OLR Research Report

Connecticut General Assembly


October 27, 1998 98-R-1236

FROM: Jerome Harleston, Senior Attorney

RE: Dog Bite Liability and Insurance

You asked whether (1) insurance companies maintain a list of vicious or dangerous dogs and, if so, what effect this may have on an owner's liability; (2) owners are required to carry higher levels of insurance; and (3) a landlord could (a) deny occupancy to a prospective tenant who owns a vicious or dangerous dog, (b) require a tenant to buy higher levels of liability coverage (homeowners' or tenants' policy), or (c) evict a tenant if he does not.

In Connecticut, strict liability is imposed on the owner or keeper of “any” dog that causes someone personal injury or damages their property unless the injured party was committing a trespass or other tort, or was teasing, tormenting or abusing the dog at the time of the bite (CGS 22-357).

The Insurance Association of Connecticut (IAC) informs us that insurers handle dog bite liability in different ways. As a general rule, liability for a dog bite is a covered claim under both a homeowners' and tenants' insurance policy. But some insurers will not renew a policy where a previous dog bite claim has been filed or paid unless the homeowner or tenant accepts an endorsement or rider that excludes dog bite liability. Others apparently do maintain a list of vicious or dangerous dogs as part of their underwriting criteria and will not offer coverage if the homeowner or tenant owns one.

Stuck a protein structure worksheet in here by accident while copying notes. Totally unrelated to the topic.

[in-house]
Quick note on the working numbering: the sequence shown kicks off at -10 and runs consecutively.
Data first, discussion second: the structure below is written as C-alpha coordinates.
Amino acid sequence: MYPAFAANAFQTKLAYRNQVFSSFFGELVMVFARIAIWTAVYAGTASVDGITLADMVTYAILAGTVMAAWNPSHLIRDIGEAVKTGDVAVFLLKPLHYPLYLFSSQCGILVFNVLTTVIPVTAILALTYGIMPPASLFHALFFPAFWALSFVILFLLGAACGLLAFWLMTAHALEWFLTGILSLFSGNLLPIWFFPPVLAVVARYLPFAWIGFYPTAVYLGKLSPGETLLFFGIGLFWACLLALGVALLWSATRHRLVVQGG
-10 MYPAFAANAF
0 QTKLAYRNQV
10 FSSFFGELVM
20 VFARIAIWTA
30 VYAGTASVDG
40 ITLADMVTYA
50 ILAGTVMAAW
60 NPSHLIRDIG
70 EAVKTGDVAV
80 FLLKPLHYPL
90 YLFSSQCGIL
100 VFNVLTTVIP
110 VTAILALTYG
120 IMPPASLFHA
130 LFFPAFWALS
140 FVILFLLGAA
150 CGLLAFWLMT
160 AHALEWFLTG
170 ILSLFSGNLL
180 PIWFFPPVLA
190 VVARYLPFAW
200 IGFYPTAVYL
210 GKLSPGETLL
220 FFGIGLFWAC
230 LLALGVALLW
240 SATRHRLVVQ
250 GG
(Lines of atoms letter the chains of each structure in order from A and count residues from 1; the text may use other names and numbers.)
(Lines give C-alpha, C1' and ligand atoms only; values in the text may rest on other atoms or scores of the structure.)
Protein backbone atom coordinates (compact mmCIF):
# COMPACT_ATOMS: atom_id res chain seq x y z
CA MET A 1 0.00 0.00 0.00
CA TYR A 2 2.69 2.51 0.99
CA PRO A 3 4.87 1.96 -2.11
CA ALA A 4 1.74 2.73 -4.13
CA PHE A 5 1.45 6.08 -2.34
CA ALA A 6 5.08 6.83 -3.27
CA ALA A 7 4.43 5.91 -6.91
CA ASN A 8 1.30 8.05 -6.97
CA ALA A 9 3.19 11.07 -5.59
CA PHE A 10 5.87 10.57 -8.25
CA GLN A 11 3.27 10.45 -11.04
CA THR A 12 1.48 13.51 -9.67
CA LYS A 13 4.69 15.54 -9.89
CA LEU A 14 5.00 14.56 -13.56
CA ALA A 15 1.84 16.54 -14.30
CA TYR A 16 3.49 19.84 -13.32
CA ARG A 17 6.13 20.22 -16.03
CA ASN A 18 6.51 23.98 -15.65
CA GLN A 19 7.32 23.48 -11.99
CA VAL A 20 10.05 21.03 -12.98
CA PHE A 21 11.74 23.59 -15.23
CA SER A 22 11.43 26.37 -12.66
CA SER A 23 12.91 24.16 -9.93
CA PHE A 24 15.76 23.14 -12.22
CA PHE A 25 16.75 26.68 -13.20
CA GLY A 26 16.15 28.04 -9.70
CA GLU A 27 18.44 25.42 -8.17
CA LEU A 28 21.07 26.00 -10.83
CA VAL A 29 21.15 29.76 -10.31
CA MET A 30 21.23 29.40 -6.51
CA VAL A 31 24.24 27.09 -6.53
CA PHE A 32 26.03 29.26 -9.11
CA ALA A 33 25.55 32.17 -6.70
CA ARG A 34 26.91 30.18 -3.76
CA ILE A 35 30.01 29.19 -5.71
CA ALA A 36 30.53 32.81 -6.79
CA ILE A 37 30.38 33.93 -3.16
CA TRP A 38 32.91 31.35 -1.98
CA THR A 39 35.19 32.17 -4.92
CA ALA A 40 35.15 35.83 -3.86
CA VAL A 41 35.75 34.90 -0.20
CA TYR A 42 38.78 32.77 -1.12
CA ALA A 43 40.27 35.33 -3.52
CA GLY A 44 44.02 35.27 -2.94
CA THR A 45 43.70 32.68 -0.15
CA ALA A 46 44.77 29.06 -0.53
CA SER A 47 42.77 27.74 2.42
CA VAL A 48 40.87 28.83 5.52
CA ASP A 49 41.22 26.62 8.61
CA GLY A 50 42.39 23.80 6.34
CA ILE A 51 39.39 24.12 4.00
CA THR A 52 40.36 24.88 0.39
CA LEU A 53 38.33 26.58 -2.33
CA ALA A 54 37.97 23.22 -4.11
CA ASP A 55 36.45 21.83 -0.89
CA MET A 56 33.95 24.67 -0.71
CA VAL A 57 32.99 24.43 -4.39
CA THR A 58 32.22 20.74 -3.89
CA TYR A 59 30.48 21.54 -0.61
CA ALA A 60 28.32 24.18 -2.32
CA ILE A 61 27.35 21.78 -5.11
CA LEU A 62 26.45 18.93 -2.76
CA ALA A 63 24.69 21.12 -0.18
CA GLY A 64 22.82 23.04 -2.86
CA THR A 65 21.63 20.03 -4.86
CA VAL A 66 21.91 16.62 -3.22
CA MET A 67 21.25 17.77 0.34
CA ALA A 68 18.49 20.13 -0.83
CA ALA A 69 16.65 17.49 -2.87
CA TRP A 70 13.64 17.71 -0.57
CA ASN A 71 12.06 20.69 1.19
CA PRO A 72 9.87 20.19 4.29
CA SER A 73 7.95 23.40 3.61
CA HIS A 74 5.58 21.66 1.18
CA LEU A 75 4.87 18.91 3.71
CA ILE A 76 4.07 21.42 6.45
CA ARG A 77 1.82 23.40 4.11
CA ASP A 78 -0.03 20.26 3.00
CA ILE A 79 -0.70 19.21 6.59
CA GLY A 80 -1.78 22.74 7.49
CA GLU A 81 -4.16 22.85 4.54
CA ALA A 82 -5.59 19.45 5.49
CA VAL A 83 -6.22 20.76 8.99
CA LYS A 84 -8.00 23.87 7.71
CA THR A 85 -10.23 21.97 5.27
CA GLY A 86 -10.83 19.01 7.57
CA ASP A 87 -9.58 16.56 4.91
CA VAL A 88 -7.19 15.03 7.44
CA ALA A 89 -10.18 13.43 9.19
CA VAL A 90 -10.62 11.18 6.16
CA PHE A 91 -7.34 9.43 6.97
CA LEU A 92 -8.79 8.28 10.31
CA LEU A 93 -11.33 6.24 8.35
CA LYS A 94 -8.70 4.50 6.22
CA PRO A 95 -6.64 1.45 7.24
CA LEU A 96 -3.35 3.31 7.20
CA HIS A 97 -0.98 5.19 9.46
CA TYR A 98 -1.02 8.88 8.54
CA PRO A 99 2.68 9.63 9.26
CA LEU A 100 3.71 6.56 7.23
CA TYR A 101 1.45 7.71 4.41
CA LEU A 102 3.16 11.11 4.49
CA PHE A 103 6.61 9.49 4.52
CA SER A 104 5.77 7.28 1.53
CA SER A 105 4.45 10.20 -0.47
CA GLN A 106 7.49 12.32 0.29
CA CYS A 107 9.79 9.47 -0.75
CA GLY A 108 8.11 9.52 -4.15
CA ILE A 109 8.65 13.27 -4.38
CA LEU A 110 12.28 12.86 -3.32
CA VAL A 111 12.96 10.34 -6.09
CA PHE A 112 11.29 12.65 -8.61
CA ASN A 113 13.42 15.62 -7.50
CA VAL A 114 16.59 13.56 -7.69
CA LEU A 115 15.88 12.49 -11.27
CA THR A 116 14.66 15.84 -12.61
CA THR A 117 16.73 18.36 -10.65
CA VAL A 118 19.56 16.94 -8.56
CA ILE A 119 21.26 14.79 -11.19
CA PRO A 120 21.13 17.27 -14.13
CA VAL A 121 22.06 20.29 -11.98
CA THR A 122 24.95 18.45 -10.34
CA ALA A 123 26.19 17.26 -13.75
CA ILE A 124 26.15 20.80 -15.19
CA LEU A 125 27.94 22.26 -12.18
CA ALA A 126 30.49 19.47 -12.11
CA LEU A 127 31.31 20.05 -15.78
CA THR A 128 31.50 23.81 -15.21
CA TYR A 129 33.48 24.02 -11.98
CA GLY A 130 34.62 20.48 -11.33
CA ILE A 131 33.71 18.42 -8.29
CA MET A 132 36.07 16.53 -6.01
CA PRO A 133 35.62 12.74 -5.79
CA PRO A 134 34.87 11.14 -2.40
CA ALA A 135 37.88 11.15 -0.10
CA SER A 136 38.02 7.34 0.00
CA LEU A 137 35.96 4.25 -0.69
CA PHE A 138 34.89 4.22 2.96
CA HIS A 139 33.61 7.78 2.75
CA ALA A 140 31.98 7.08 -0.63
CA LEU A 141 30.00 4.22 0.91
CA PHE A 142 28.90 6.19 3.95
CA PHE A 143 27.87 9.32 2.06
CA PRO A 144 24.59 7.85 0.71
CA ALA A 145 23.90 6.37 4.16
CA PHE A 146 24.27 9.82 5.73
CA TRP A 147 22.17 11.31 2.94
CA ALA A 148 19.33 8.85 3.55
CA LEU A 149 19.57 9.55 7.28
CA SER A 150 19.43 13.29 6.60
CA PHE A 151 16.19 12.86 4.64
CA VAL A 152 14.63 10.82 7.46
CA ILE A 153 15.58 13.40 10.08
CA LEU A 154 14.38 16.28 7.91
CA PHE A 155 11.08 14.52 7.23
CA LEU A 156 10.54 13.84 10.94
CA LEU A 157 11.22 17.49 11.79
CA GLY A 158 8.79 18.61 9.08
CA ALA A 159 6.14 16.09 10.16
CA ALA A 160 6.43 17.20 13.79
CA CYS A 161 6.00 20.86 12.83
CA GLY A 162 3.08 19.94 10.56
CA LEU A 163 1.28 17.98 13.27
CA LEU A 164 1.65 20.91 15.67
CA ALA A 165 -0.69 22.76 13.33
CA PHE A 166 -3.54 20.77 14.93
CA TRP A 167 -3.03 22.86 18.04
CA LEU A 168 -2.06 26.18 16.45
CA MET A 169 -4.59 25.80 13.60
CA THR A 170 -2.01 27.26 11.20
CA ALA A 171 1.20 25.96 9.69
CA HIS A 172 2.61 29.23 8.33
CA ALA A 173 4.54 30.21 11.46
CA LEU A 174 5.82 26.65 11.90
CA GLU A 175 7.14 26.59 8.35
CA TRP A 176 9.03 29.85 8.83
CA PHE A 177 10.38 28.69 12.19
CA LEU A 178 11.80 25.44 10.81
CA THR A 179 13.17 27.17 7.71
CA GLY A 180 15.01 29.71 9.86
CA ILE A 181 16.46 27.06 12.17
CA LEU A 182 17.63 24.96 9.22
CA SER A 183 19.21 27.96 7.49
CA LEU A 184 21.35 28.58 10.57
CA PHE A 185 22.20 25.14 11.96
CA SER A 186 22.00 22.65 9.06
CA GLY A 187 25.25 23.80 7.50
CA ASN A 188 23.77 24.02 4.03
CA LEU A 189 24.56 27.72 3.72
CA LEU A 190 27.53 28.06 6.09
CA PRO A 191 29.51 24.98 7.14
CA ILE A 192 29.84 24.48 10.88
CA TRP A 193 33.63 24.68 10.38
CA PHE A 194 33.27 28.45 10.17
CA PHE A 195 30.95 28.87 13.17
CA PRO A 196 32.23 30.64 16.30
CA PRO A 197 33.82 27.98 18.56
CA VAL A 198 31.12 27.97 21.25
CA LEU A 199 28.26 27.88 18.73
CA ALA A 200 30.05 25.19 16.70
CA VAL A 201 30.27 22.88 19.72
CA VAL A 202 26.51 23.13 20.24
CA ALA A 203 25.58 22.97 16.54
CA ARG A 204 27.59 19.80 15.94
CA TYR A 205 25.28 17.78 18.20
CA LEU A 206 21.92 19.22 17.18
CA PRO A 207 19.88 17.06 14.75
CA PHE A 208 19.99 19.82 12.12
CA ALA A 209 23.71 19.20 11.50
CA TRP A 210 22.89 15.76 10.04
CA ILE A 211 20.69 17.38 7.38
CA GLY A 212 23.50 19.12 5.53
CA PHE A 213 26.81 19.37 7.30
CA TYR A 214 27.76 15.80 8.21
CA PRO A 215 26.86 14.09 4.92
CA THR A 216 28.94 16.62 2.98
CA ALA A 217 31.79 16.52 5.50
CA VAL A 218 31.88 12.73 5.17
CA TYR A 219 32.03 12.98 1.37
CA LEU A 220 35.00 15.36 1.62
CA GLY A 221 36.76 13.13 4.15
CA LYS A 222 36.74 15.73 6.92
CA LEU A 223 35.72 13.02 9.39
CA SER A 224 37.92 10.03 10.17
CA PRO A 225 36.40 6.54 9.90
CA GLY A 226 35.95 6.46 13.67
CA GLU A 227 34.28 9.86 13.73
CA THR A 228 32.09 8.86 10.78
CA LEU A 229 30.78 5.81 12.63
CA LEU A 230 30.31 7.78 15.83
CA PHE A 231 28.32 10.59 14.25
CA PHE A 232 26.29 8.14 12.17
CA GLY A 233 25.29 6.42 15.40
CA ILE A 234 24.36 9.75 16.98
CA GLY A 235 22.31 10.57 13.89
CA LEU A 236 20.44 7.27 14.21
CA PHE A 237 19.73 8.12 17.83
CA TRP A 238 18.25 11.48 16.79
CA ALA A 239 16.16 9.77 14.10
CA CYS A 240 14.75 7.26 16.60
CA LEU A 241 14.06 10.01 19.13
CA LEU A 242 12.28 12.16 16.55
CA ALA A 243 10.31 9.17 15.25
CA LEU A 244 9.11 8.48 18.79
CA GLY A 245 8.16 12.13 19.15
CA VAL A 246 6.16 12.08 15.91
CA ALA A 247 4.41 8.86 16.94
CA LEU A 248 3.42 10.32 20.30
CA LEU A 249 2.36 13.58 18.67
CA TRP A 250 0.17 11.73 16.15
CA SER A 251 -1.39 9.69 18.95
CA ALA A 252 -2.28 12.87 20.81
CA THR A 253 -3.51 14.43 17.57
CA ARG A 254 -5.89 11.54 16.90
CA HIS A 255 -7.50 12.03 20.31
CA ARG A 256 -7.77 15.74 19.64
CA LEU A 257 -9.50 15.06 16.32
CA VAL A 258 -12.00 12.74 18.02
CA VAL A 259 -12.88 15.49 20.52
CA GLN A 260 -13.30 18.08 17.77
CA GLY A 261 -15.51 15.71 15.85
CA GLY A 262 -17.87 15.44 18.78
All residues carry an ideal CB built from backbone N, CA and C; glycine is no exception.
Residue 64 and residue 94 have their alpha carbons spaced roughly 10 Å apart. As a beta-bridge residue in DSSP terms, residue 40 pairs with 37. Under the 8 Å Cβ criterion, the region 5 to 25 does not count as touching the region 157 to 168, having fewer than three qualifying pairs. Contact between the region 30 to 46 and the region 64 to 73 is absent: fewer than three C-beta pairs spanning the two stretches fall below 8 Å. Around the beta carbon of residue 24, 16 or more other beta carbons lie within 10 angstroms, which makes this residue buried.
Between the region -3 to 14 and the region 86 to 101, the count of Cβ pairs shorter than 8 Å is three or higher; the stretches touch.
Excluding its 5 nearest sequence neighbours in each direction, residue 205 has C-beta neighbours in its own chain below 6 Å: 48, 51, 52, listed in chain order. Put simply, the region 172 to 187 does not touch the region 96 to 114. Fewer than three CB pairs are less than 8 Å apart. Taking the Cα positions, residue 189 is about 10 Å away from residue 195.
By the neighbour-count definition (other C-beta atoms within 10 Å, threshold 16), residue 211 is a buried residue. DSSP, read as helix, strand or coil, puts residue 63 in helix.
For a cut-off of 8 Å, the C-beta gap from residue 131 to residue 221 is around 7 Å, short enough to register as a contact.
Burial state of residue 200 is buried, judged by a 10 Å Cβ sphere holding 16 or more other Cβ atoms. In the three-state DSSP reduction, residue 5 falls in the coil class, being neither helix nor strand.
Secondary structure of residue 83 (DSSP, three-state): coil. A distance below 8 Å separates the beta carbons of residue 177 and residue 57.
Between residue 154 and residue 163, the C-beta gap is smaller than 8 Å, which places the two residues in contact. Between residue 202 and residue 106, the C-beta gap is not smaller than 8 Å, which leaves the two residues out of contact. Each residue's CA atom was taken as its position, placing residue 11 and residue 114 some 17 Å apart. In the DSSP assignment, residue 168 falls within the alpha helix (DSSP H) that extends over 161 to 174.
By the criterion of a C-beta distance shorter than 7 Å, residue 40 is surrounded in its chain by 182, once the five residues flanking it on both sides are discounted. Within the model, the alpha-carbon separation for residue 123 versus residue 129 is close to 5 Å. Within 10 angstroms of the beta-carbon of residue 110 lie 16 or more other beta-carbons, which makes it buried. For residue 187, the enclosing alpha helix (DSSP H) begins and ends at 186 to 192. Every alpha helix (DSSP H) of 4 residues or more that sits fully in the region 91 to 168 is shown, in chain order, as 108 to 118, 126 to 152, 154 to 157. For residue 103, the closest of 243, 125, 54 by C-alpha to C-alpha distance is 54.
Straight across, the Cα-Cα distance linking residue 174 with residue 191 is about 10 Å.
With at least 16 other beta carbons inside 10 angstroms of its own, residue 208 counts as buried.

A private landlord may deny occupancy to a prospective tenant that owns a dog if his policy is to have a pet free dwelling. But he cannot discriminate between pet owners, allowing occupancy to some but not others.

It is possible that a landlord could condition occupancy on a tenant obtaining liability insurance adequate enough to pay for any personal injury or property damage his dog may cause. The landlord may have a vested interest in making sure there is adequate insurance protection because in all likelihood any resulting lawsuit would name both the landlord and the tenant as defendants.

If owning a dog is a breach of a lease or rental agreement then cause for eviction appears to exist. If on the other hand the lease or rental agreement is silent about pets of any kind, a landlord may not have grounds to evict unless the pet substantially interferes with the quiet enjoyment of other tenants (barking, biting, etc.).